Curator's Corner

African American History Month 2012 IV

By Karl Cole, posted on Feb 29, 2012

In recent weeks, we have explored African American artists who were self-taught, and one who is contemporary and explores the background of black people in American culture. This week we will explore an artist who, in my (overanalyzing) art historical mind, should be considered a pioneer of the early American landscape: Robert Duncanson.

Duncanson painted at the same time as the Hudson River School artists, and had the fortune to spend his formative years in Cincinnati (an awesome town with an awesome museum). Although Duncanson was primarily self-taught, he quickly learned the taste of American patrons for romantic scenes of the American wilderness. Such scenes were madly popular in the first half of the 1800s in America as cherished documents of the growing new nation.


Robert Duncanson (1821/1822–1872, US/Canada), Fall Fisherman.
Robert Duncanson (1821/1822–1872, US/Canada), Fall Fisherman. Oil on canvas, 35 13/16" x 40 1/8" (91 x 102 cm). © Butler Institute of American Art, Youngstown, OH. (BIAA-17)


Duncanson was the child of an African American mother and a Canadian father. Although he was born in New York State, he was raised in Canada, where he was able to attend good schools. In school, he developed a love for English poetry and literature, which helped to form a romantic sensibility that shaped his later painting. As a young man he enjoyed painting scenes from English literature. His parents separated and he joined his mother in Cincinnati in 1841. At the time, Cincinnati had the largest population of free blacks and former slaves of any American city. It also had a lively artist community that was more accepting of African Americans than cities like New York or Philadelphia.

In Cincinnati, Duncanson declared his determination to be an artist. He was primarily self-taught. Mount Healthy and Fruit Still Life are representative of his early period and show a naïve quality and an insistence on specific realism in details. They are reminiscent of the early American limner tradition. However, the artistic community of Cincinnati was impressed with his work and the Art Union of Cincinnati exhibited three of his works in 1842. He was the first African American artist to have his work displayed with white artists. 

By the late 1840s, after studying engravings and the work of European painters, his style evolved into a combination of American Realism and European Romanticism. The primary influences on Duncanson’s mature painting style were William Sonntag (1822–1900) and Worthington Whittredge (1820–1910), both of whom were associated with the Hudson River School. The Hudson River School was the first prominent American “school” of painting. This group of artists worked in a romantic-realist style and painted scenes of the Hudson River Valley that emphasized the grandeur of nature. A visit to Italy in the late 1850s added to his romantic tendencies. Duncanson was impressed with the ruins of ancient Rome and began including them in his paintings.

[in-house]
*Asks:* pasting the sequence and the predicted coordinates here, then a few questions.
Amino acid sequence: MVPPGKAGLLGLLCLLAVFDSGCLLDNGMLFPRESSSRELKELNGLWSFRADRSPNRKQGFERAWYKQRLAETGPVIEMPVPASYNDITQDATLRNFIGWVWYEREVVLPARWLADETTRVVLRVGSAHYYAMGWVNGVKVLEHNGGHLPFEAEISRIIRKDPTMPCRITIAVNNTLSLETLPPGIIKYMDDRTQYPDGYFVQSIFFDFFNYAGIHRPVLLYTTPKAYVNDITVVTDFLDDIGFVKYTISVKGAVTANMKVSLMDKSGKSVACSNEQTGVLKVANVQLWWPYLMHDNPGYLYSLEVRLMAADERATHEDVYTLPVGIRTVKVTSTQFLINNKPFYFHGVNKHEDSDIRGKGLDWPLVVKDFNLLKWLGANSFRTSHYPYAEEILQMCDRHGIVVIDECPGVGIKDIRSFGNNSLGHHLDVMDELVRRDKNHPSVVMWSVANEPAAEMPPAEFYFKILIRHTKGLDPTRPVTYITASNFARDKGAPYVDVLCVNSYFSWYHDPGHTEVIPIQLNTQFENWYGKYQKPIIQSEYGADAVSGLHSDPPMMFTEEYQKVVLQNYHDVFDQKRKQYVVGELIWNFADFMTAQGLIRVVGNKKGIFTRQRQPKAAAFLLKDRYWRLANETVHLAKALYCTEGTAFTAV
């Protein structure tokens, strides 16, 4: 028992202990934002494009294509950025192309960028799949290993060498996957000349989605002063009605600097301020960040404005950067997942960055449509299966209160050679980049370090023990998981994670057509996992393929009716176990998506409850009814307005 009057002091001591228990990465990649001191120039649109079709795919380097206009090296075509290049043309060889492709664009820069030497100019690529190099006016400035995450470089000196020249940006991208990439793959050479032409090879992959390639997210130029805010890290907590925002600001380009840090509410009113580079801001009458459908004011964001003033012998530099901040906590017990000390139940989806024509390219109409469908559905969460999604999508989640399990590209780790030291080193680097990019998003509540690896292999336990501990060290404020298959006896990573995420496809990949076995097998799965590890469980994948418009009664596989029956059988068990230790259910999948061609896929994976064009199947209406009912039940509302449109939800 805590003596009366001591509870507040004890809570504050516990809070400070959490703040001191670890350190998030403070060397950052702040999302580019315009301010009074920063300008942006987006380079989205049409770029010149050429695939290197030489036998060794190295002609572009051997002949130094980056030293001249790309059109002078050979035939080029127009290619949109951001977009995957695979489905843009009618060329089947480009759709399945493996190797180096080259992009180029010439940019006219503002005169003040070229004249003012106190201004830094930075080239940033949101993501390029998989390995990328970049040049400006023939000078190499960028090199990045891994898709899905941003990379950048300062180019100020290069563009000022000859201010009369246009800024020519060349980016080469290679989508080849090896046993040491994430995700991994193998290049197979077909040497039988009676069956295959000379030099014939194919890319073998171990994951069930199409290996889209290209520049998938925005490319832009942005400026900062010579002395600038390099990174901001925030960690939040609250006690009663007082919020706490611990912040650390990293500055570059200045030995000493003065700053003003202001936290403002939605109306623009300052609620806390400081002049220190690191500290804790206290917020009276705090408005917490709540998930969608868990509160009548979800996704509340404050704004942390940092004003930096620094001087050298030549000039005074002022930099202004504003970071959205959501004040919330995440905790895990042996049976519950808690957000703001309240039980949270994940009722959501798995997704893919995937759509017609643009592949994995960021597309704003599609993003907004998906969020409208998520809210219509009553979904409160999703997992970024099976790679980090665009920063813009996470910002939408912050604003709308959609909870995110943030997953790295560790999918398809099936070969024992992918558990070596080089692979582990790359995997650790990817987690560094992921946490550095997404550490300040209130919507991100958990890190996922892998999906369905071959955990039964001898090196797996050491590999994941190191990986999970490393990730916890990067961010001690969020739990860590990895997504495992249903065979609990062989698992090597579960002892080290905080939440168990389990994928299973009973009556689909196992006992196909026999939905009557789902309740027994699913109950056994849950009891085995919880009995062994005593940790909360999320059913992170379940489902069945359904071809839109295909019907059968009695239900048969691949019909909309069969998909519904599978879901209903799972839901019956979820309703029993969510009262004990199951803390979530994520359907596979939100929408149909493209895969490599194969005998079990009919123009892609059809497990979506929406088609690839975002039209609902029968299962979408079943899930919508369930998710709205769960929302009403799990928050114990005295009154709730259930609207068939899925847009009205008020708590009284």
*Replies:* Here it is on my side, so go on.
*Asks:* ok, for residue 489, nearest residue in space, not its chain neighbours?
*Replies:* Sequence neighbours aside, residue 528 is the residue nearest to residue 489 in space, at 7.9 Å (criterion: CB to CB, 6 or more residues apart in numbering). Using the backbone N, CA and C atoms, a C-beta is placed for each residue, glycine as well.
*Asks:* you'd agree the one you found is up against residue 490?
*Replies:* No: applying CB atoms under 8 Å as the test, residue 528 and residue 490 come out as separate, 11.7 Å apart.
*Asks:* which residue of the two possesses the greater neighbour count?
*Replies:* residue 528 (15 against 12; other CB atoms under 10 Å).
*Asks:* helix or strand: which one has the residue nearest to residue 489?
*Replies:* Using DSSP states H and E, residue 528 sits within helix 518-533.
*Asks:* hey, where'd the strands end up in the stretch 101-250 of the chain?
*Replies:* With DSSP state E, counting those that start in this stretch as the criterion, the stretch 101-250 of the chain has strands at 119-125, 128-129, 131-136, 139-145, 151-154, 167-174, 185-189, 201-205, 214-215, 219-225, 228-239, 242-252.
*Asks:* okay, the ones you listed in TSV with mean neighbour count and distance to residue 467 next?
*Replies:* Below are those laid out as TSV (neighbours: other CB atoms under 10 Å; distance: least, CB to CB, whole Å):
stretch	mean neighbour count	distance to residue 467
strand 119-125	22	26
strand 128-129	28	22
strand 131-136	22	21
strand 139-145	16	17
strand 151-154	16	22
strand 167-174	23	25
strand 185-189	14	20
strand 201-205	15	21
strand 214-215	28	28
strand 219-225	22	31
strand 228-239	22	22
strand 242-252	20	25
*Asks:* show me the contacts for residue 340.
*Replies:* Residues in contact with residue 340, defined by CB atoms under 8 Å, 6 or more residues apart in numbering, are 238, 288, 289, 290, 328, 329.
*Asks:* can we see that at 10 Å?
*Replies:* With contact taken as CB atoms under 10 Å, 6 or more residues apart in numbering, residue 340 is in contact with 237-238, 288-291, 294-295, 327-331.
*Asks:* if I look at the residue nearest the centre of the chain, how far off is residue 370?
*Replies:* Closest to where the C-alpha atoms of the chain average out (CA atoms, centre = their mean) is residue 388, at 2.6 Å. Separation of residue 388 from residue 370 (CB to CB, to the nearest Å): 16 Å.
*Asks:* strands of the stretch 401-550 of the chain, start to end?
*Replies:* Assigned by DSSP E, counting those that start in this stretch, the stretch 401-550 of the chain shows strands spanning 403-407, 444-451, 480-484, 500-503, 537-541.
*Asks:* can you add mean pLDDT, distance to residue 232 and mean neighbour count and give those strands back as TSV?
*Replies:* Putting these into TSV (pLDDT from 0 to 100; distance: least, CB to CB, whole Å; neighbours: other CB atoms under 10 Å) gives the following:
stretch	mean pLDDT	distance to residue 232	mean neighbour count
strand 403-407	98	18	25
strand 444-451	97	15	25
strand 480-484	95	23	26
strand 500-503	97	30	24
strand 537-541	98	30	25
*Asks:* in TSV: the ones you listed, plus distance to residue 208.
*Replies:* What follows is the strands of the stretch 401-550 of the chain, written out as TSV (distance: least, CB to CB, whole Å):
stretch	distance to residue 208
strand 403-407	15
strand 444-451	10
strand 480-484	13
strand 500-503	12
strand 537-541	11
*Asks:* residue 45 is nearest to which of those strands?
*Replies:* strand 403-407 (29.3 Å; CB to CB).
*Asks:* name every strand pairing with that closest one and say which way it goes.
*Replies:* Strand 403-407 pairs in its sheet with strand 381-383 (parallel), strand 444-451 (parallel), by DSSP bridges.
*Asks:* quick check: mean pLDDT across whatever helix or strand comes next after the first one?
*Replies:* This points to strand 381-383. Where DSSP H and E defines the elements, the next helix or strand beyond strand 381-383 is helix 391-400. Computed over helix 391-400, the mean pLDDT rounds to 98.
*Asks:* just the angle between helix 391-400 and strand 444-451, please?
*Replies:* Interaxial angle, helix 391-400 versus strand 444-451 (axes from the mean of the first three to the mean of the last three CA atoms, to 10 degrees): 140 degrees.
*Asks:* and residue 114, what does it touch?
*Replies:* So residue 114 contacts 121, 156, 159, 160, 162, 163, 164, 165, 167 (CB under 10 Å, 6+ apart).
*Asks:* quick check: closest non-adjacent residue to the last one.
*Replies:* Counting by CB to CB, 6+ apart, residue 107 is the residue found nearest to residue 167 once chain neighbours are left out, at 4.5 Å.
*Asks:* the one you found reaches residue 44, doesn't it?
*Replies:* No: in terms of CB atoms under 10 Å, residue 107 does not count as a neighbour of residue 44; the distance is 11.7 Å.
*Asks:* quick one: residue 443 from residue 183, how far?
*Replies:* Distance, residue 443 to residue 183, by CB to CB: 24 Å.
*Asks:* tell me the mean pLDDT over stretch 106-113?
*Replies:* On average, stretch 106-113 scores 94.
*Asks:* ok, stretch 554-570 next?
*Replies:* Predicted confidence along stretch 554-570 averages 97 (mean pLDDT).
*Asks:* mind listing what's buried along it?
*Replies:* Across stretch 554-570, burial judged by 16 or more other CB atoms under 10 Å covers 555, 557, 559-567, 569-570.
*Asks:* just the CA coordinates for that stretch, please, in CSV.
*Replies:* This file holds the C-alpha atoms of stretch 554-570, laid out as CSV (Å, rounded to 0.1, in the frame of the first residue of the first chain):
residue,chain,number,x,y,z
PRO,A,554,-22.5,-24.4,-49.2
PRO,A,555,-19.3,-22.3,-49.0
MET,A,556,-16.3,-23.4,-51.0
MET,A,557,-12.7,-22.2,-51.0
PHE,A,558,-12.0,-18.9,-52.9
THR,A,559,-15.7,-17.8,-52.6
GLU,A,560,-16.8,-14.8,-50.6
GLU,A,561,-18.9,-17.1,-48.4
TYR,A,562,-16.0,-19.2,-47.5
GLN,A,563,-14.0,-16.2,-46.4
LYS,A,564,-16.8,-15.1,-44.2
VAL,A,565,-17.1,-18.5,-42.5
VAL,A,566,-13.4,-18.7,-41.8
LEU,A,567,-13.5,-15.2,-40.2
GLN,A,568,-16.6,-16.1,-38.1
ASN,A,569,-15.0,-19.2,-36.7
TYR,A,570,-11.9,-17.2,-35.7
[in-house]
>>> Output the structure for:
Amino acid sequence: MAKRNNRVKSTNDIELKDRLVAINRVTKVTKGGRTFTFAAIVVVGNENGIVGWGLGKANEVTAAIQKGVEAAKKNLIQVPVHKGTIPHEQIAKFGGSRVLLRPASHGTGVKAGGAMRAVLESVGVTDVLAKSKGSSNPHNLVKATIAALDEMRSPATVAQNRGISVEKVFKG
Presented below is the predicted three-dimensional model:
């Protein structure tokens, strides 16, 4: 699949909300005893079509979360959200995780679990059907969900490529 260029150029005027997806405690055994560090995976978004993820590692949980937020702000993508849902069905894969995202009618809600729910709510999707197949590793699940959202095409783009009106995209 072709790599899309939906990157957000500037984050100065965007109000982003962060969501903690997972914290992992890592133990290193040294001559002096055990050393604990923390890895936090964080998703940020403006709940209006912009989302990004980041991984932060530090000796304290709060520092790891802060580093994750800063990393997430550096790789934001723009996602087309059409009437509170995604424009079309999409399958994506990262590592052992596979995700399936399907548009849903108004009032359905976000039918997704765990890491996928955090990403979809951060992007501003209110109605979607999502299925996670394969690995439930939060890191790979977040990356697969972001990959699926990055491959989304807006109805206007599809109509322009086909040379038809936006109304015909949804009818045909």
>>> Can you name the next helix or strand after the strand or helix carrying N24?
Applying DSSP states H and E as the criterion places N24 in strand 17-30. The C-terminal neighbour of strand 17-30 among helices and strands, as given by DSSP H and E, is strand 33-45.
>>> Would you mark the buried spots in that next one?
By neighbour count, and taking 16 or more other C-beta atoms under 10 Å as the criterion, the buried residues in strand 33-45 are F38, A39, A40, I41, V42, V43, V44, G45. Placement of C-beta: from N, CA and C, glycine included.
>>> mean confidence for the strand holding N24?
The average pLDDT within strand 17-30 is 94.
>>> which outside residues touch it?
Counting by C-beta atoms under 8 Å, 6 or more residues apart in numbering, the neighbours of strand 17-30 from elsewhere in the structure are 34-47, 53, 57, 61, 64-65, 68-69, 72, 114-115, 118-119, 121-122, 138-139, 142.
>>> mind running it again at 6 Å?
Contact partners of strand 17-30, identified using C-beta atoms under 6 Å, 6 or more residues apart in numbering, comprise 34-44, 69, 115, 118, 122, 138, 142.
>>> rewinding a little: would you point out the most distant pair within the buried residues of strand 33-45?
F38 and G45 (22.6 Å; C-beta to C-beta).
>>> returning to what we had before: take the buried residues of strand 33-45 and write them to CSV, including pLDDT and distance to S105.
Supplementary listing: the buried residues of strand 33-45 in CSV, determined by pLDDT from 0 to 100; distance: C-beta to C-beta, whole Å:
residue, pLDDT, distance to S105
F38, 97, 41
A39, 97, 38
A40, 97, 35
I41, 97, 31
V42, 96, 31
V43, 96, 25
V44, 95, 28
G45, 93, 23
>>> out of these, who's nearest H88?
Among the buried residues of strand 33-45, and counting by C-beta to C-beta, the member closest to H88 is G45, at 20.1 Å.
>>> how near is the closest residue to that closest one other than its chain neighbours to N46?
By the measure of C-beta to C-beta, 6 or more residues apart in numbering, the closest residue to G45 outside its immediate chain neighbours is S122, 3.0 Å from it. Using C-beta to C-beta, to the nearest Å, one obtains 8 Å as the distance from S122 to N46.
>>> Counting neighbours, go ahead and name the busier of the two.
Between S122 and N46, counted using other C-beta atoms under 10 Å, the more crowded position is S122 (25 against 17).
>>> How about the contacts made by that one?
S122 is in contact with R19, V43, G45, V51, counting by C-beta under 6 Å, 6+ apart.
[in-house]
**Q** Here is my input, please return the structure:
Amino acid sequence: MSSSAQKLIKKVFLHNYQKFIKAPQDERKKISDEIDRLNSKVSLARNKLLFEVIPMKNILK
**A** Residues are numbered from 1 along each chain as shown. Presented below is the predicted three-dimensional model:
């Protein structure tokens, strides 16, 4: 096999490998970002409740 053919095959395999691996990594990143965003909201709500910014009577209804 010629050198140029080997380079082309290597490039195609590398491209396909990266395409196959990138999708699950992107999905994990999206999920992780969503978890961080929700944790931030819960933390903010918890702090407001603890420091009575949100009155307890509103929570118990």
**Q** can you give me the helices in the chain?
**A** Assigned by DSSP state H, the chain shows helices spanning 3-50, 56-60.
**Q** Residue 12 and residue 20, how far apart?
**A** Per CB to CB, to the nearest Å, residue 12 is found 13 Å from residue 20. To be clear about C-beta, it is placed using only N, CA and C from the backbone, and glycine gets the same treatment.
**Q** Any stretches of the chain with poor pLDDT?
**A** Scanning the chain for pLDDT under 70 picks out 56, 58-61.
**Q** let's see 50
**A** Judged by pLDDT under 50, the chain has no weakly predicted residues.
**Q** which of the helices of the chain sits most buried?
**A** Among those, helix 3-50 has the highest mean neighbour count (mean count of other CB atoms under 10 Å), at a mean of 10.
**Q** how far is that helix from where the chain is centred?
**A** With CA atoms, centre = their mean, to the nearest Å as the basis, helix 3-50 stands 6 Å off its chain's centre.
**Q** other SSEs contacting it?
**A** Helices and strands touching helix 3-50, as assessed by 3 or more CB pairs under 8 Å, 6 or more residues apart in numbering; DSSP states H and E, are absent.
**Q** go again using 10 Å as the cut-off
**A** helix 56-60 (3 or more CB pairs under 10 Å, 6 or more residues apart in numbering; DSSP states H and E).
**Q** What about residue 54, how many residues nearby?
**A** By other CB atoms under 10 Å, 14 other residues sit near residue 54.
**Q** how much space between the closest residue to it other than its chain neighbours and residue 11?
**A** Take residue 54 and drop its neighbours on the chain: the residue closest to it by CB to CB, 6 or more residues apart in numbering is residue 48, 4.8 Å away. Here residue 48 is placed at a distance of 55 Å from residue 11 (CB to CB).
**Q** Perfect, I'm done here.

Like Frederic Church (1826–1900) and Asher B. Durand (1796–1886) of the Hudson River School, Duncanson painted huge panoramic vistas, often enhanced by dramatic lighting. Although he often painted real locations, Duncanson preferred to idealize the landscapes. His work was very popular in Canada. His murals in the Longworth Mansion in Cincinnati became the core of the collection of the Taft Museum housed in that building.


Activity: Using pastels, draw a romantic landscape with what you know about warm and cool colors or a seascape or just plain clouds. In order to increase the emotional input into this drawing, crinkle the paper or add gesso for texture. Make sure to pay attention to color to heighten the mood of the landscape.


Correlations to Davis programs: Explorations in Art Grade 1: 3.15; Explorations in Art Grade 2: 1.4, 1.5; Explorations in Art Grade 3: 2.12; Explorations in Art Grade 5: 1.6; A Personal Journey: 5.1; A Community Connection: 4.1; A Global Pursuit: 1-2; Exploring Visual Design: 2, 5, 7; The Visual Experience: 2.3; Discovering Art History: 2.3 (space)